Watchdog: Dealer overcharges on warranty fix
Fiat 500 owner was told 'book' time for work was 1.5 hours - but the garage charged for 2.3 hours
Ever wondered whether your dealer was overcharging you? Well, Stewart Edward knows his has – and he’s even got proof.
He booked his four-year-old Fiat 500 in for a repair at Vospers, Plymouth, and was told the car would need a new suspension arm and that the gearbox oil seal needed replacing.
After the work was completed, Stewart, from Ivybridge, Devon, remembered he had taken out a fourth year warranty. But when he got in touch with the provider, it told him it would only cover part of the £400 bill, leaving him with £95 to pay. The company was aware of the ‘book’ times – Fiat’s official estimates for how long a job should take – and so knew the dealer had overcharged.
“I was informed that the Fiat book time for replacing the suspension arm was 1.5 hours, but Vospers charged 2.3 hours,” an outraged Stewart told us. “The book time for the oil seal was 0.85 hours, but I had been charged for 1.5 hours.”
Vospers has now apologised and sent Stewart a cheque for the overcharged hours, and he’s satisfied that his complaint has been settled. However, he told us “it should never have been necessary to complain in the first place”. And he added: “If I hadn’t submitted my warranty claim, I wouldn’t have known that I was being ripped off.”
But Stewart wanted to know why a garage would charge so much more for a regular repair than for warranty work – and so did we. We called Vospers, and a spokesman said: “Warranty book times relate to repairs being carried out under ideal conditions and on new cars, with parts provided at heavy discounts under warranty.”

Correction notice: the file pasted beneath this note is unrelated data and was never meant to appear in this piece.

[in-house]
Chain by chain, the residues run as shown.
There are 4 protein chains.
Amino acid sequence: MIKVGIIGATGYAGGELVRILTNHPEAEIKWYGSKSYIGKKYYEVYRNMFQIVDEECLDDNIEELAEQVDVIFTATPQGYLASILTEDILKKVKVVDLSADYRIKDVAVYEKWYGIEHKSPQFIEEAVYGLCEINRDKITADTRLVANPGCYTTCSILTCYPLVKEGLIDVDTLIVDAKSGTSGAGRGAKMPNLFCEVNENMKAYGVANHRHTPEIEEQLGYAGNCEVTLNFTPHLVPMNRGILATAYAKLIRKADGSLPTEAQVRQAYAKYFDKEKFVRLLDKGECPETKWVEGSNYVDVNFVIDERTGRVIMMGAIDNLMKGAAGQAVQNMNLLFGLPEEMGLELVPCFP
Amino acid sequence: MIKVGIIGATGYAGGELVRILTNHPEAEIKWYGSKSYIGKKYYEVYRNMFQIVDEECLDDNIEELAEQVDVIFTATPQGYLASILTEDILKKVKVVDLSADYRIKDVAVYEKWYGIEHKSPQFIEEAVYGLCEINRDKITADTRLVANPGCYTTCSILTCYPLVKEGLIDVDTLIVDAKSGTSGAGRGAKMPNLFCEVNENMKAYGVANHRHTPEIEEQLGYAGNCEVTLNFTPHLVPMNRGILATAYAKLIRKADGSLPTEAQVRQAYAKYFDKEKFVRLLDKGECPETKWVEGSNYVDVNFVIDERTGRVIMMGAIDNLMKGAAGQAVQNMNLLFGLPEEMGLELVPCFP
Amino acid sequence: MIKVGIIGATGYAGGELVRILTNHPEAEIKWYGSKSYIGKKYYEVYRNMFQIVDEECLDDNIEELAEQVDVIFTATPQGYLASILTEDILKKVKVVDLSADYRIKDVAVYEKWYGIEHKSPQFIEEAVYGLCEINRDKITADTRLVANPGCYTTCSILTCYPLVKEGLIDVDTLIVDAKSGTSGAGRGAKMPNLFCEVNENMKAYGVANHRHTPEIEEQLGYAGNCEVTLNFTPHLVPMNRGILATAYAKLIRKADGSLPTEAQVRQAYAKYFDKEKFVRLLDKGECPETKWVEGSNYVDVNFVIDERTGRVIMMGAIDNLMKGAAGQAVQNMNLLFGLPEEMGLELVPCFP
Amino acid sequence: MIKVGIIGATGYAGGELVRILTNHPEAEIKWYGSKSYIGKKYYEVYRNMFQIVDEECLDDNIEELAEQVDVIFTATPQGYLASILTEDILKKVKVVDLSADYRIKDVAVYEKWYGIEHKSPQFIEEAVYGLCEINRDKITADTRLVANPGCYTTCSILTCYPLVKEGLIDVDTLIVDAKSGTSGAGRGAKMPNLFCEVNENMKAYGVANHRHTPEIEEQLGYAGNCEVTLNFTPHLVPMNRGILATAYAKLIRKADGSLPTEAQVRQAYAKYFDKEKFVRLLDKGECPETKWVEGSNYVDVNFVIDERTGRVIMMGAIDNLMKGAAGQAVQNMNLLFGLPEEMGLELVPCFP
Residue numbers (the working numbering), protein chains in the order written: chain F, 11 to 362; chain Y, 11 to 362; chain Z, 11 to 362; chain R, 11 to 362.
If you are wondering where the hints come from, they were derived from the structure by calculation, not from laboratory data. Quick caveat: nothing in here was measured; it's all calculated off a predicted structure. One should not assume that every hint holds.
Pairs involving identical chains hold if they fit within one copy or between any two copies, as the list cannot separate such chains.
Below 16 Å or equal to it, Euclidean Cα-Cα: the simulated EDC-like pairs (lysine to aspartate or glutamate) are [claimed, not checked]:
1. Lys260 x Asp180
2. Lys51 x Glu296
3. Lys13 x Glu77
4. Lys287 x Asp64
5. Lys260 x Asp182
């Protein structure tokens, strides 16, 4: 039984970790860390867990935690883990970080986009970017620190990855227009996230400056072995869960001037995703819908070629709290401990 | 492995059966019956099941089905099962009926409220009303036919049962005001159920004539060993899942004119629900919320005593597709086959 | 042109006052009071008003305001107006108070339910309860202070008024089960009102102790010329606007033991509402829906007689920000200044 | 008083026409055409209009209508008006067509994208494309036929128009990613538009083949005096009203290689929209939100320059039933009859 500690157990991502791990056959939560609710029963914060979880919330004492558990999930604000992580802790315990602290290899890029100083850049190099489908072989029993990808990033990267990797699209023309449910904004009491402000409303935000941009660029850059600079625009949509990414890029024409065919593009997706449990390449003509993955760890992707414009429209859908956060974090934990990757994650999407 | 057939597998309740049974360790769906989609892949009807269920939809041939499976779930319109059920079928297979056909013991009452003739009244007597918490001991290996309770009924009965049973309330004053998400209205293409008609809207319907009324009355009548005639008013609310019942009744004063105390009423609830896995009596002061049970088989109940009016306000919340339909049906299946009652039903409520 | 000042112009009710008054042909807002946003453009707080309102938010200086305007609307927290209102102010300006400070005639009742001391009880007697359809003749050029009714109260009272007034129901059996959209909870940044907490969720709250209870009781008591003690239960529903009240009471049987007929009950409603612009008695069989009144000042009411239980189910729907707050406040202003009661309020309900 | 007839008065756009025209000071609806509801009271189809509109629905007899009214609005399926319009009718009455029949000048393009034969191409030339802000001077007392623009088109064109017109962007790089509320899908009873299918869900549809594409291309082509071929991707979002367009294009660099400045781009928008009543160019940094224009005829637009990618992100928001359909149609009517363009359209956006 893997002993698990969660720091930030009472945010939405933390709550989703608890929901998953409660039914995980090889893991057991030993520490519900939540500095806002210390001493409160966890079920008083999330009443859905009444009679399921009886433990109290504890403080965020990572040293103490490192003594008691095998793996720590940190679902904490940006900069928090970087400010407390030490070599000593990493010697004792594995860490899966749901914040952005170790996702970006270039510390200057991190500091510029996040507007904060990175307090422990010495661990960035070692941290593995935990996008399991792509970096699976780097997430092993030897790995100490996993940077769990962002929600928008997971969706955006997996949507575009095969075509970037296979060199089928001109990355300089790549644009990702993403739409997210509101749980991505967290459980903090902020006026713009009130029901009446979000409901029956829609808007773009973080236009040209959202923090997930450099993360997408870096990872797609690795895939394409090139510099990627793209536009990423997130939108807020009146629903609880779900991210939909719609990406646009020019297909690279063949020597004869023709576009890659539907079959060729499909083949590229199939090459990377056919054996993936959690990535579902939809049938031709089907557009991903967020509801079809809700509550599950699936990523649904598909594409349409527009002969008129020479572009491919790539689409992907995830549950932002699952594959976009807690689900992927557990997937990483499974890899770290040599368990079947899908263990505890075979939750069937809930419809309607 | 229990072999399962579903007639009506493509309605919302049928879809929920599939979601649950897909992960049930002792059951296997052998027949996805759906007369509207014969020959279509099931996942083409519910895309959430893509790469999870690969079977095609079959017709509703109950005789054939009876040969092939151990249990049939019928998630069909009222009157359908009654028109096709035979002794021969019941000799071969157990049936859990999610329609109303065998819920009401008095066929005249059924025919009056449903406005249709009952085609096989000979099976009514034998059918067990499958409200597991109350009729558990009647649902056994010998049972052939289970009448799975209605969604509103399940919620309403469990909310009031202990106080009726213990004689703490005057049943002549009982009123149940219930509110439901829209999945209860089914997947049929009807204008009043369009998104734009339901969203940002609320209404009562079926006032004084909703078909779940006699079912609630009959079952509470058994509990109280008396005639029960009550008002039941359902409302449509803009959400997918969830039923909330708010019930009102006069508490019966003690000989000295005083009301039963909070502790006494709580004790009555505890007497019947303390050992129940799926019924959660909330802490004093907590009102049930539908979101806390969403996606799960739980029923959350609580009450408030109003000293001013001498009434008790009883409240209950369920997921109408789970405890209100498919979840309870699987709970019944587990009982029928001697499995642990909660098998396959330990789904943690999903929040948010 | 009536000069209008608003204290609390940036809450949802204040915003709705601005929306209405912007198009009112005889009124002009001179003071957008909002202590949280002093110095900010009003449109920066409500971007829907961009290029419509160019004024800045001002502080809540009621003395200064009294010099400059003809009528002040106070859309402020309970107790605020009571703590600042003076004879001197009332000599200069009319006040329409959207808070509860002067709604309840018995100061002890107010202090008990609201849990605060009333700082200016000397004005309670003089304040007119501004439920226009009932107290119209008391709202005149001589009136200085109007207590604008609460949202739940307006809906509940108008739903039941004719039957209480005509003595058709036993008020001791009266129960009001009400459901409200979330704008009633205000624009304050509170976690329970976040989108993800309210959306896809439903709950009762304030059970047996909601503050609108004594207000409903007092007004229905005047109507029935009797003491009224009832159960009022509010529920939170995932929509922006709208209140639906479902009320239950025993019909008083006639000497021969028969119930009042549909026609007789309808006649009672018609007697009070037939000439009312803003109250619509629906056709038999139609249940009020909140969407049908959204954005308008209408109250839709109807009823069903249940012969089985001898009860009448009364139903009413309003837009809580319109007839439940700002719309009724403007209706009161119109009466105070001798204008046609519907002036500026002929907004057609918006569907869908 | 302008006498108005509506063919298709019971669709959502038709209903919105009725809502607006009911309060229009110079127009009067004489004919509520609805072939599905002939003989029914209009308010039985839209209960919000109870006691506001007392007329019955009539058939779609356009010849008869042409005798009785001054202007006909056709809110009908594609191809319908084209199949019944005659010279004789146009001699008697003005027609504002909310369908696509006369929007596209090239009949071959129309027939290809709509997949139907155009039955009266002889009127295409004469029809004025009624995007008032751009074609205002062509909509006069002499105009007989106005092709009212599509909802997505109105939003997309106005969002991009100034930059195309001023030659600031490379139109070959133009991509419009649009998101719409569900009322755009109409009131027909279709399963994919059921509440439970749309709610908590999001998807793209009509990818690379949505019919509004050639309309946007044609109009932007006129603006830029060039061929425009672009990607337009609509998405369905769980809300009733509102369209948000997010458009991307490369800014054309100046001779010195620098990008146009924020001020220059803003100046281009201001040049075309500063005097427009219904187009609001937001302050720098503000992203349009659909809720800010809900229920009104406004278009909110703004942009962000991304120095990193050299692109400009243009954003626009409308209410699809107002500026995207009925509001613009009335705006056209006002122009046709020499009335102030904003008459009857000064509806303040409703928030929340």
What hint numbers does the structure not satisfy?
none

A Fiat spokesman told us: “Vospers has confirmed it made a mistake, and it immediately rectified this by offering the customer a refund or vouchers towards a service. It also sent the customer a letter of apology.”
Stewart said: “I feel sorry for anyone who’s been overcharged by a major garage. But chances are they don’t even realise it.”
The problemStewart found out his dealer had overcharged him for repair work after his warranty provider pointed out labour rates were way above official ‘book’ times.
Vospers' responseVospers apologised for its error and refunded the difference. It said warranty book times relate to repairs being carried out under ideal conditions on new cars.
Legal adviceWhile it’s illegal for businesses to charge for work they haven’t done, it’s hard to prove they’ve exaggerated repair times. If you think you’ve been overcharged, contact regulator Motor Codes – it can get official repair times.
Our verdictMistake or not, this case highlights the need for dealers to be more transparent. Official book times shouldn’t be just for corporate customers like insurers; regular drivers should have access to them, too.